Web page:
The Court in Warth concludes with this paragraph:

 
The rules of standing, whether as aspects of the Art. III case-or-controversy requirement or as reflections of prudential considerations defining and limiting the role of the courts, are threshold determinants of the propriety of judicial intervention. It is the responsibility of the complainant clearly to allege facts demonstrating that he is a proper party to invoke judicial resolution of the dispute and the exercise of the court's remedial powers. We agree with the District Court and the Court of Appeals that none of the petitioners here has met this threshold requirement. [pp. 517-518, 95 S.Ct. p. 2215.]

Applying the teaching of Warth to the instant case the conclusion is compelled that plaintiffs here lack standing to present the claims they make in the instant Amended Complaint.

*177 The third issue raised by the defendants in support of their motions to dismiss concerns the court's jurisdiction of the Title VII claim. A prerequisite to the filing of a Title VII complaint in a United States District Court is the exhaustion of certain prescribed remedies. A person must file a discrimination charge with the EEOC and receive a right-to-sue letter from the EEOC before filing a Title VII complaint in federal court. He must also file his Title VII complaint timely. Absent these, the federal court has no jurisdiction over his Title VII complaint. There is a plethora of cases in support of this requirement. The Sixth Circuit in a per curiam opinion in Jerome v. Viviano Food Co., 489 F.2d 965 (6th Cir. 1974) quoted from Love v. Pullman Co., 404 U.S. 522, 92 S. Ct. 616, 30 L. Ed. 2d 679 (1972) as follows:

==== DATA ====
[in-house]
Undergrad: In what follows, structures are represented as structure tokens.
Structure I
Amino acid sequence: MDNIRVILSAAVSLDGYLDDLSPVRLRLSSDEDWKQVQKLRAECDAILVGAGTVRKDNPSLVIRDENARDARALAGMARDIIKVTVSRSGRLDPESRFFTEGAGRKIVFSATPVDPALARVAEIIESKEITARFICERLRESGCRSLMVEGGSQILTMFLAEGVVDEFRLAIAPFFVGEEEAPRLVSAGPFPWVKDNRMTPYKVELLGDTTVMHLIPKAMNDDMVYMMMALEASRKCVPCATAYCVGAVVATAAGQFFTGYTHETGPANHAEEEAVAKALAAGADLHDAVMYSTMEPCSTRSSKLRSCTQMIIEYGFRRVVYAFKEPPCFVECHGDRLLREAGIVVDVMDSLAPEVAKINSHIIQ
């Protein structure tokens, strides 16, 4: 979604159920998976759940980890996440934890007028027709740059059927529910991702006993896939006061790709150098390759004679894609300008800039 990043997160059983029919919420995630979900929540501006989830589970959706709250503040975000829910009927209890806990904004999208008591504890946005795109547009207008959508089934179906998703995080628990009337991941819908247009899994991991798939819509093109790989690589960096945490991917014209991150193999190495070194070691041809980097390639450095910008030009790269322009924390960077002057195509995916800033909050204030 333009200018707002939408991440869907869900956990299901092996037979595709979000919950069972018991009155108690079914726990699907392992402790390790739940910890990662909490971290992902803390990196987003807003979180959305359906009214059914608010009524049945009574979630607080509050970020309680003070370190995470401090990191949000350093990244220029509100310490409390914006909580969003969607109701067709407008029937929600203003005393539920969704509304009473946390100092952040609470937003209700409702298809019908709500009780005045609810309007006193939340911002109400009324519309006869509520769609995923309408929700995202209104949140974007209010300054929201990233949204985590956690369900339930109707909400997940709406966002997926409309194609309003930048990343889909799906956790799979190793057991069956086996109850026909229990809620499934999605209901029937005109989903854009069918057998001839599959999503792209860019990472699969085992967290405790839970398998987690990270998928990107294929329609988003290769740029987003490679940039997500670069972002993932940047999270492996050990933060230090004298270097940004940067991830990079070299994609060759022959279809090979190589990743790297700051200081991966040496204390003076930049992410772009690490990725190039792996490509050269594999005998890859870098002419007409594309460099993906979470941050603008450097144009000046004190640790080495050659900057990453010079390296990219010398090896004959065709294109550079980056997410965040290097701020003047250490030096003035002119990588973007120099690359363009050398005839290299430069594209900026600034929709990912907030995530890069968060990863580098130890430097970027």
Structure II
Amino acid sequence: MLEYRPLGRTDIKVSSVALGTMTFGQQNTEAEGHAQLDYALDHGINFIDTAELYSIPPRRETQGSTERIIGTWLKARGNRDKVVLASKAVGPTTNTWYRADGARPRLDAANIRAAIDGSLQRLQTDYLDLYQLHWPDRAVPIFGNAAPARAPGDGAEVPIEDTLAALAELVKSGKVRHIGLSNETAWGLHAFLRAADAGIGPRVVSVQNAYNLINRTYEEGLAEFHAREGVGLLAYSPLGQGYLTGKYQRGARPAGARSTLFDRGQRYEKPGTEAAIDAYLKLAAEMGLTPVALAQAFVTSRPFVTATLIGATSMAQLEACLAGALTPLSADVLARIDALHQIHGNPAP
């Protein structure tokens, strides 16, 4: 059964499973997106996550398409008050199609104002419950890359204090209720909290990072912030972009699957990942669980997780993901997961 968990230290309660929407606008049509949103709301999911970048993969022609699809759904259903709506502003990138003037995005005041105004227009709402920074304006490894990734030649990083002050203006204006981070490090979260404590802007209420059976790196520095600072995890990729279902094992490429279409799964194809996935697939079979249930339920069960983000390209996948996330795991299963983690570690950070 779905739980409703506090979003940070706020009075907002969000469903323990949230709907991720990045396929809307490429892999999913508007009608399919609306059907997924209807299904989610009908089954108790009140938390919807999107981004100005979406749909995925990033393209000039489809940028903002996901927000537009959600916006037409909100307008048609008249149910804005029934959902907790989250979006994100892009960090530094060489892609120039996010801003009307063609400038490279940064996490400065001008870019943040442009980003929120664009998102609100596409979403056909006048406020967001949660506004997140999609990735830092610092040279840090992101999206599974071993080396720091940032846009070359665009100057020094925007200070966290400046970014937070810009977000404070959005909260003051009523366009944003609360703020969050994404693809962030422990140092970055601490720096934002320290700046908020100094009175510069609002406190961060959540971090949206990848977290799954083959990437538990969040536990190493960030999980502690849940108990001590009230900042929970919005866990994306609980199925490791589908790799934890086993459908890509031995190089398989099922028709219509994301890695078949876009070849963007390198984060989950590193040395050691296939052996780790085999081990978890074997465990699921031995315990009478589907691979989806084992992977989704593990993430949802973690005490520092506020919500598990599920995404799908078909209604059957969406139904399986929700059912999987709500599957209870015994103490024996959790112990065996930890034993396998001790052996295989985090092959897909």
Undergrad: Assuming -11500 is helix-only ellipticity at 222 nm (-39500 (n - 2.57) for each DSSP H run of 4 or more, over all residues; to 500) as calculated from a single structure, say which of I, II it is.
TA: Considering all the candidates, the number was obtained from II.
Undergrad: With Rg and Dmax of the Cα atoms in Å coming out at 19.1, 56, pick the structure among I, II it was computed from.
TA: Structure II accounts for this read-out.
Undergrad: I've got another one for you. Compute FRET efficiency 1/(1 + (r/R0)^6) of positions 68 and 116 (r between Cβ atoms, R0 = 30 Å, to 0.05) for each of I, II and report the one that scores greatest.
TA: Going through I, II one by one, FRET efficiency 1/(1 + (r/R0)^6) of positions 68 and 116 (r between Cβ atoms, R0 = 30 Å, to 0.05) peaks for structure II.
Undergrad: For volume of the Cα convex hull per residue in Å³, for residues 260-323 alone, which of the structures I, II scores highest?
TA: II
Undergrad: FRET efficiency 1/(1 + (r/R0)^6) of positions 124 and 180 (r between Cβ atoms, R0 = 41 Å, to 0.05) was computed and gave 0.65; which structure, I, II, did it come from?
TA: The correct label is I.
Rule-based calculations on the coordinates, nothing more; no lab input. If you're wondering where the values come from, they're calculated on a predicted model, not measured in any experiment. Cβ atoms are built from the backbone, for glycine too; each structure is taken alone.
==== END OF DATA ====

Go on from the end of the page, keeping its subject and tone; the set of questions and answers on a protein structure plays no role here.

A person claiming to be aggrieved by a violation of Title VII of the Civil Rights Act of 1964, 78 Stat. 253, may not maintain a suit for redress in federal district court until he has first unsuccessfully pursued certain avenues of potential administrative relief. [p. 966.]

The Court, at page 966, went on to quote from its own opinion in Goodman v. City Products Corp., 425 F.2d 702 (6th Cir. 1970) as follows:

 
Compliance with the statutory requirements is a prerequisite to the institution of a civil action based on the statute.

In the instant Amended Complaint plaintiffs fail to allege exhaustion of the requisite administrative remedies. They refer to a right-to-sue letter issued by the Michigan Civil Rights Commission, received by them November 27, 1975. The Amended Complaint herein was filed April 15, 1976. Even if the right-to-sue letter had been an EEOC letter, the plaintiffs would be out of court because the requirement of filing within 90 days after receipt of the letter was not metthe time elapsed was four and one-half months, not 90 days. In any event, the requirement of an EEOC right-to-sue letter was not met. Plaintiffs' Title VII claim is jurisdictionally defective.

The fourth issue raised by the corporate defendants in their motions to dismiss relates to plaintiffs' claim under 42 U.S.C. §§ 1981 and 1982.